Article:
Arriving at Pudong International was like fast forwarding through time.  This is without question the biggest airport I have ever seen and it seemed deserted.  Transportation to the downtown area is provided by Maglev train – the world’s first commercial magnetic levitation rail system that links the airport to Longyang Road Metro station in 8 minutes traveling at a top speed of 430 km/hr (approximately 267 mph).

Living in New York has left me somewhat blasé about big cities, but Shanghai is nothing if not impressive.  The scene from my 50th floor hotel room was jaw dropping.  The hotel designers must have thought so too as guests had a full skyline view from the bath and shower as well as the living area!

Unfortunately it was a very rainy Saturday morning when Pamela picked us up for our initial walking tour but we set off armed with umbrellas, cameras, and great anticipation.  We started at the cricket market – an enclave of vendors selling caged animals of every sort from birds, fish, mice, squirrels, a few dogs and thousands of the biggest crickets you have ever seen!  Some of the crickets were in small glass jars with perforated lids, and some were in tiny bamboo cages, and all of them were chirping vociferously.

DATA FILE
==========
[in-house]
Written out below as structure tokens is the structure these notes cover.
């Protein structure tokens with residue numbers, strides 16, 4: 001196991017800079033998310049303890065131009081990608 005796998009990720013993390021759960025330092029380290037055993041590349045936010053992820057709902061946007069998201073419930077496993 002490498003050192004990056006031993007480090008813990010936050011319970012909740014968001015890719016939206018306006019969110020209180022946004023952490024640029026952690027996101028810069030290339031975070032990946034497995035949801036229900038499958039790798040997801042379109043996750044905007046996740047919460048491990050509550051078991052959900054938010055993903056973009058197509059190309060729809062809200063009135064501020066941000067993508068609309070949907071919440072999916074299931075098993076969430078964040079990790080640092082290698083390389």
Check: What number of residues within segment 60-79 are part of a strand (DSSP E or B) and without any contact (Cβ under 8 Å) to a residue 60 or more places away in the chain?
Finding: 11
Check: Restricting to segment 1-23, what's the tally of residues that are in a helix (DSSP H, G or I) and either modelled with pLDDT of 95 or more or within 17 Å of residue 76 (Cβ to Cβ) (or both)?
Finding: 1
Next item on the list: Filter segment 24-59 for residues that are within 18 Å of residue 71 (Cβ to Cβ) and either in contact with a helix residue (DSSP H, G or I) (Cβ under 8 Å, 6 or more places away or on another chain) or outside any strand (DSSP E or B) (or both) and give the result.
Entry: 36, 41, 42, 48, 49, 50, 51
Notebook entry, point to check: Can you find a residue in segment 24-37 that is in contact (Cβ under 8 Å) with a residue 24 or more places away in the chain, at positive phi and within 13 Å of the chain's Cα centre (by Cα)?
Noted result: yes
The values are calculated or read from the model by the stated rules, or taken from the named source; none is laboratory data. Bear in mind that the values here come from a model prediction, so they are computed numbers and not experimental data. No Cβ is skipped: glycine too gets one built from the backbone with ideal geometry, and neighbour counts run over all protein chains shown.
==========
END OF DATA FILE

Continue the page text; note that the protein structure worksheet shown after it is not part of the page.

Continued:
From here we walked over to an outdoor market for typical Chinese souvenirs where we went directly to a young woman who sold silk products like bags, tablecloths and faux Louis Vuitton scarves.  After much bargaining and a lot of laughing too we walked away with shopping bags full of merchandise for what seemed like a pittance.

Our souvenir shopping done, it was time to see some sights so we boarded the Metro to Yuyuan, a classical garden originally created in the 16th Century by Pan Yunduan in honor of his father.  Today the garden comprises 12 acres in the middle of Old Town and is a lovely example of a Ming garden with rock gardens, ponds full of koi, and bridges surrounding corridors and pavilions.

Across the street from the Yu Garden is a large shopping and food area with a few original structures mixed in with the reconstructions.  All this walking had worked up an appetite and a stop at the Huxinting Tea House was just the ticket.  After, it was fun to walk around and watch the vendors hawking their wares amid shadow puppet shows and other entertainment before heading back to the hotel for a rest and to dry out before dinner.